• […] continues! In case you weren’t here yesterday (where were you? I was looking everywhere), here’s the 411.In a nutshell? 4 all-purpose gluten-free flour blends (Better Batter, C4C, Jules, Tom Sawyer), 4 […]

  • March 20, 2012 at 6:13 PM

    I cannot use dairy so the sour cream in the recipe is out. I have heard of using soy yogurt in place of it, but I live in the boondocks and that is out of the question too. Does any one have any ideas? Do you think a really soft tofu might work? Also, has any one used the Arrowhead Mills GF all purpose flour? It has just become available in my grocery store, but I usually order Better Batter on line.

    • Ligea
      March 21, 2012 at 1:21 PM

      Hey Victoria, have you ever tried canned coconut milk (not lite) to replace dairy? To get the acid sour cream would provide, add a tsp or so of AC vinegar (acidic batters set up quicker and provide lift from reacting with baking soda/powder). I don’t have to be dairy free, but think the flavor/texture is actually better than diary in many cases.

  • Vanessa
    March 20, 2012 at 4:19 PM

    Aren’t you sponsored by better batter gluten free flour?

    • March 20, 2012 at 6:02 PM

      Hi, Vanessa,
      Great question! Yes and no. They don’t pay me anything, so they’re not technically a “sponsor.” We work together often, but no money has changed hands yet. And even if I were, Better Batter actually encouraged me to do this blog series. They know that not everyone will buy their product, and they want people to make an informed choice.
      xoxo Nicole

  • March 20, 2012 at 12:48 PM

    What a great and informative post and series! I can’t wait for the rest. Suddenly, though, I want chocolate cake with chocolate frosting. BADLY. :) Thanks for this post!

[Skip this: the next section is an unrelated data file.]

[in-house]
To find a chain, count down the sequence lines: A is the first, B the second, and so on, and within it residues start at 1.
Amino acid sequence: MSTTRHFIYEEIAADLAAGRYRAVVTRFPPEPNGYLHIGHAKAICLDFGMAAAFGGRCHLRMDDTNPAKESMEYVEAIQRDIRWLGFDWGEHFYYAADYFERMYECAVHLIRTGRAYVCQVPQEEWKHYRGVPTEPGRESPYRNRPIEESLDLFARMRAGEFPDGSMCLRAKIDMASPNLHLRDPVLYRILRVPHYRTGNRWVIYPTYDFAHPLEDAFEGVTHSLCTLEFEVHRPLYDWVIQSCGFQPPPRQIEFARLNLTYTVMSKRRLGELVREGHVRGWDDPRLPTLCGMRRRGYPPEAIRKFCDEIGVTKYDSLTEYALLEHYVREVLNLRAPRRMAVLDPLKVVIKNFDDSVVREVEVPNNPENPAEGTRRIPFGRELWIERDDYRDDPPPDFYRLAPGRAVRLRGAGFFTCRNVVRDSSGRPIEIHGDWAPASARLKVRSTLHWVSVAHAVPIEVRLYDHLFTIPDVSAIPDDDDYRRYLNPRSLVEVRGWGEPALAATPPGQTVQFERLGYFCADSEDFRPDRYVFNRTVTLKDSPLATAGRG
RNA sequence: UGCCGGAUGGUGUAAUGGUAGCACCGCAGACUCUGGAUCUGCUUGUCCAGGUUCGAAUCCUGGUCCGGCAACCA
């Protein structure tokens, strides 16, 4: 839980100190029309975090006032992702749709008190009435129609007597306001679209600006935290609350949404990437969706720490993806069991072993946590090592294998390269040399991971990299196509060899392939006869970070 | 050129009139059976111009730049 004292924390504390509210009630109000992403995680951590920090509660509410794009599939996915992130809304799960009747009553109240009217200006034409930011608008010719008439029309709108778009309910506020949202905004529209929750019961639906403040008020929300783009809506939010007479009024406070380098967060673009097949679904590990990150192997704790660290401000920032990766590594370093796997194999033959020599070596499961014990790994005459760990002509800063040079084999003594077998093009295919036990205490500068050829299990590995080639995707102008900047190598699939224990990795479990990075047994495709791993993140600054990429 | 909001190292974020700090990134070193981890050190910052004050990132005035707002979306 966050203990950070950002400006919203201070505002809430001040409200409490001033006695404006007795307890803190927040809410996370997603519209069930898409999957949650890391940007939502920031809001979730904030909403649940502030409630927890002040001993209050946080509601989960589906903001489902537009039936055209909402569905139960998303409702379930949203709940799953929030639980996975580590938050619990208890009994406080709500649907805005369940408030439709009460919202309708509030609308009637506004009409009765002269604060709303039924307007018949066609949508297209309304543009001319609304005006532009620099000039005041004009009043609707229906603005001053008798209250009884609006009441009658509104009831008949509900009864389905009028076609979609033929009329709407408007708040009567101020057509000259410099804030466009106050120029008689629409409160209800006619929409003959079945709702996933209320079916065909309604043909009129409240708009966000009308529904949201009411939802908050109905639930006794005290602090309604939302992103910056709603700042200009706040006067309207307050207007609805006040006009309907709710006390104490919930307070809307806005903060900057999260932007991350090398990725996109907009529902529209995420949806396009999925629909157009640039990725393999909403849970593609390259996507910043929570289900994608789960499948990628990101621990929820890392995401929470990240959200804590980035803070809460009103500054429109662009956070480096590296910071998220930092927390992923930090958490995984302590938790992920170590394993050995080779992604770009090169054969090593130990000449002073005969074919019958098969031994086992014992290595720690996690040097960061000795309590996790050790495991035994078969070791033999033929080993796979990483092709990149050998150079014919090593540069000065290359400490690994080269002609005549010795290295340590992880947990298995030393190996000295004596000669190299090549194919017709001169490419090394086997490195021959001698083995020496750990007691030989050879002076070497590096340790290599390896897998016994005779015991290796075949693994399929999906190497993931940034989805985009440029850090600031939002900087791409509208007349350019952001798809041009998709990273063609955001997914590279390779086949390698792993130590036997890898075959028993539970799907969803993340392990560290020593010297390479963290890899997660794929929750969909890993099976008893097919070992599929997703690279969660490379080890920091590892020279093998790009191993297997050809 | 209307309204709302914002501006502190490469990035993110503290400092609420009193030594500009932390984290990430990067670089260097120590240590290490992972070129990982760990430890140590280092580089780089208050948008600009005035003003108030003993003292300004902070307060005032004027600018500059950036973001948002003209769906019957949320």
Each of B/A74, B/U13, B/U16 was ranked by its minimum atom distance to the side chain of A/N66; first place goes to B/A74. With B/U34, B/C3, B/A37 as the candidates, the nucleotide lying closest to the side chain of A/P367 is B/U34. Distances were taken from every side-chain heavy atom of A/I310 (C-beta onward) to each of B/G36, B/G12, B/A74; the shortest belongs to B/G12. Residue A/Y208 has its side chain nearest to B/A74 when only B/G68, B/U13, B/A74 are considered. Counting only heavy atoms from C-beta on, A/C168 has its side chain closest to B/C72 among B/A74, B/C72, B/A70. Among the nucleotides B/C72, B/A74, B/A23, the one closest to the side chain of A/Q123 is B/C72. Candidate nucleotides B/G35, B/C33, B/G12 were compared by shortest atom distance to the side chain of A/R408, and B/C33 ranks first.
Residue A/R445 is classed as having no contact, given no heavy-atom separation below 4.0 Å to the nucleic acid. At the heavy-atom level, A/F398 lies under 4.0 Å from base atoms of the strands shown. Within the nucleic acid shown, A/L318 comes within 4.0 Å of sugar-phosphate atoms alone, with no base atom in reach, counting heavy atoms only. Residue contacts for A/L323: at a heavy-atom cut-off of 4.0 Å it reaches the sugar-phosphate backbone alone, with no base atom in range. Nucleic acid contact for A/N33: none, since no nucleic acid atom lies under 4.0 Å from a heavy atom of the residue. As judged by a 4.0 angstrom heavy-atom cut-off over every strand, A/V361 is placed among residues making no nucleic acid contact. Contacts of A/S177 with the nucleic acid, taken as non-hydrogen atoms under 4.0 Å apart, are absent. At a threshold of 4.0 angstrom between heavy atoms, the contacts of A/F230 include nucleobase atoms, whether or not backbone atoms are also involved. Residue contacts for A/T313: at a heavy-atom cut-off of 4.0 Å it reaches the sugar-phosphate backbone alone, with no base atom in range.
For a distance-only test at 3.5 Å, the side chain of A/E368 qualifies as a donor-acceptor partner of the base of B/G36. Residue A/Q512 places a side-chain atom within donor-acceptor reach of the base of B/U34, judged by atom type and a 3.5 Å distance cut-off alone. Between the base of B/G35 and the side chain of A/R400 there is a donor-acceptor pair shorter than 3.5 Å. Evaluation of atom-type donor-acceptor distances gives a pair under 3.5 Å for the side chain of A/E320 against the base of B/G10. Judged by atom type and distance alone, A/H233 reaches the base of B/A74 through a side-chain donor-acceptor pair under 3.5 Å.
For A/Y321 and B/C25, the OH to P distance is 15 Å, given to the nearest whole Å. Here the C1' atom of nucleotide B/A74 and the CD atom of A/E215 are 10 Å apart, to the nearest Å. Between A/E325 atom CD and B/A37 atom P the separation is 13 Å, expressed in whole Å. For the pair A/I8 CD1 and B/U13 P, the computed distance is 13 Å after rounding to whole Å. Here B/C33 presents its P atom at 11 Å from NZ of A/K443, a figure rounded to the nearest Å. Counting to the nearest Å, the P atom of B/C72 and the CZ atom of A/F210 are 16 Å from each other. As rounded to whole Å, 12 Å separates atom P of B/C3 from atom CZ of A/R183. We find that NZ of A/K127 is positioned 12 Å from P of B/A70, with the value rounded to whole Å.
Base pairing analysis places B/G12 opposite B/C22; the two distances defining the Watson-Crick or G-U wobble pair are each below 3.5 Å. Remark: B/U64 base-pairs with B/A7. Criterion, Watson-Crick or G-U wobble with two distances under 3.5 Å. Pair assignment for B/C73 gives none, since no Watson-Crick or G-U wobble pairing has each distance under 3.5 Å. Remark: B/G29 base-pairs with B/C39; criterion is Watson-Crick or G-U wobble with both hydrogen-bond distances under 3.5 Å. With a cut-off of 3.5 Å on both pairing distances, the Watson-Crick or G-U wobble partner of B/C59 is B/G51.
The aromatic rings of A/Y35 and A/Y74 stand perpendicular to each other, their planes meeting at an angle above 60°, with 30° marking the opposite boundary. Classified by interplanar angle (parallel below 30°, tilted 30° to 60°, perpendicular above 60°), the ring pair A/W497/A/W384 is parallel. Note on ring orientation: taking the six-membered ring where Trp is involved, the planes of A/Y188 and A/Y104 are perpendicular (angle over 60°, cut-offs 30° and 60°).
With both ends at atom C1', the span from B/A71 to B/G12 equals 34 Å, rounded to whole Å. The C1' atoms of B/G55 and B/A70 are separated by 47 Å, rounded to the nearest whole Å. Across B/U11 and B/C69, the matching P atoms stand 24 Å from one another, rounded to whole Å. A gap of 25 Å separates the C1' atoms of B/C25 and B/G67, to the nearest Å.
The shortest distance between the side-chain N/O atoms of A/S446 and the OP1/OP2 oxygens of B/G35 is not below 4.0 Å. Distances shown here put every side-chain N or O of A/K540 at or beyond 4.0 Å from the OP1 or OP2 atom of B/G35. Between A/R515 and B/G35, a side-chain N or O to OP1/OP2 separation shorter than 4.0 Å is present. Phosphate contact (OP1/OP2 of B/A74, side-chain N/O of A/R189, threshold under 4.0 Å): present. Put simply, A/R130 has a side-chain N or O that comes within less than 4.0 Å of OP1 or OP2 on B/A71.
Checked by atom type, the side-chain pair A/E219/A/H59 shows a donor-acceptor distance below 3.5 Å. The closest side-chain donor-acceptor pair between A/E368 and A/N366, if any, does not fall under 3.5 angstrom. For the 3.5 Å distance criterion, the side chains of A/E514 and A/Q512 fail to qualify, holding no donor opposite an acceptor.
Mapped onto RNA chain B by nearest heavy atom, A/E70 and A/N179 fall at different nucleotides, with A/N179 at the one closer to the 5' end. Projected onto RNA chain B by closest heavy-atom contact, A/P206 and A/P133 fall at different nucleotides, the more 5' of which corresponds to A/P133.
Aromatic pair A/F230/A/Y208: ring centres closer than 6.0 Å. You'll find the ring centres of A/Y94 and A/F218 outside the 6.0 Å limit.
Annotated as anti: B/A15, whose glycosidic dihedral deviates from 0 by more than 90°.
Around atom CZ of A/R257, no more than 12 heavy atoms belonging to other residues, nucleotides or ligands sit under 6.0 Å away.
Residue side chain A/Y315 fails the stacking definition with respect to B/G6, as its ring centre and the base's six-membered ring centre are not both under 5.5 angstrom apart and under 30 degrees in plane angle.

• March 20, 2012 at 1:19 PM

      Hi, Cindy,
      You have no idea how much I wish I could give you chocolate cake with chocolate frosting! I have so much of it, and I’m only one quarter of the way through the cake portion of this. :/ I think my neighbors are even sick of the free food a this point!
      xoxo Nicole

  • March 20, 2012 at 12:19 PM

    Yay! I was going to make conventional cake for my 11 y/o son’s birthday but now I’ll make this. Thanks for letting me be part of the party. You’ve helped me a lot in my new gf journey- thank you~ thank you~ thank you!

    • March 20, 2012 at 1:17 PM

      Hi, Jen,
      Thanks for coming to the party. So glad I could help, and happy birthday to your son. :)
      xoxo Nicole

  • March 20, 2012 at 12:13 PM

    This is wonderful! I’ve been wanting to do a test myself on the types. I’ve been using Cup4cup and am loving it so I’m interested to see your results. Great series!

    • March 20, 2012 at 1:15 PM

      Hi, Krissy,
      Thanks for stopping by! Pretty blog, by the way. :) Next time, toggle on Comment Luv, if you’d like.
      I’m interested to see my results, too! I think I’m pulling for each blend. I think I’m a flour pleaser. Like a people pleaser, only different.
      xoxo Nicole

  • Sharon Rogers on Facebook
    March 20, 2012 at 11:05 AM

    You are absolutely hilarious! I loved your ps’s

  • March 20, 2012 at 10:47 AM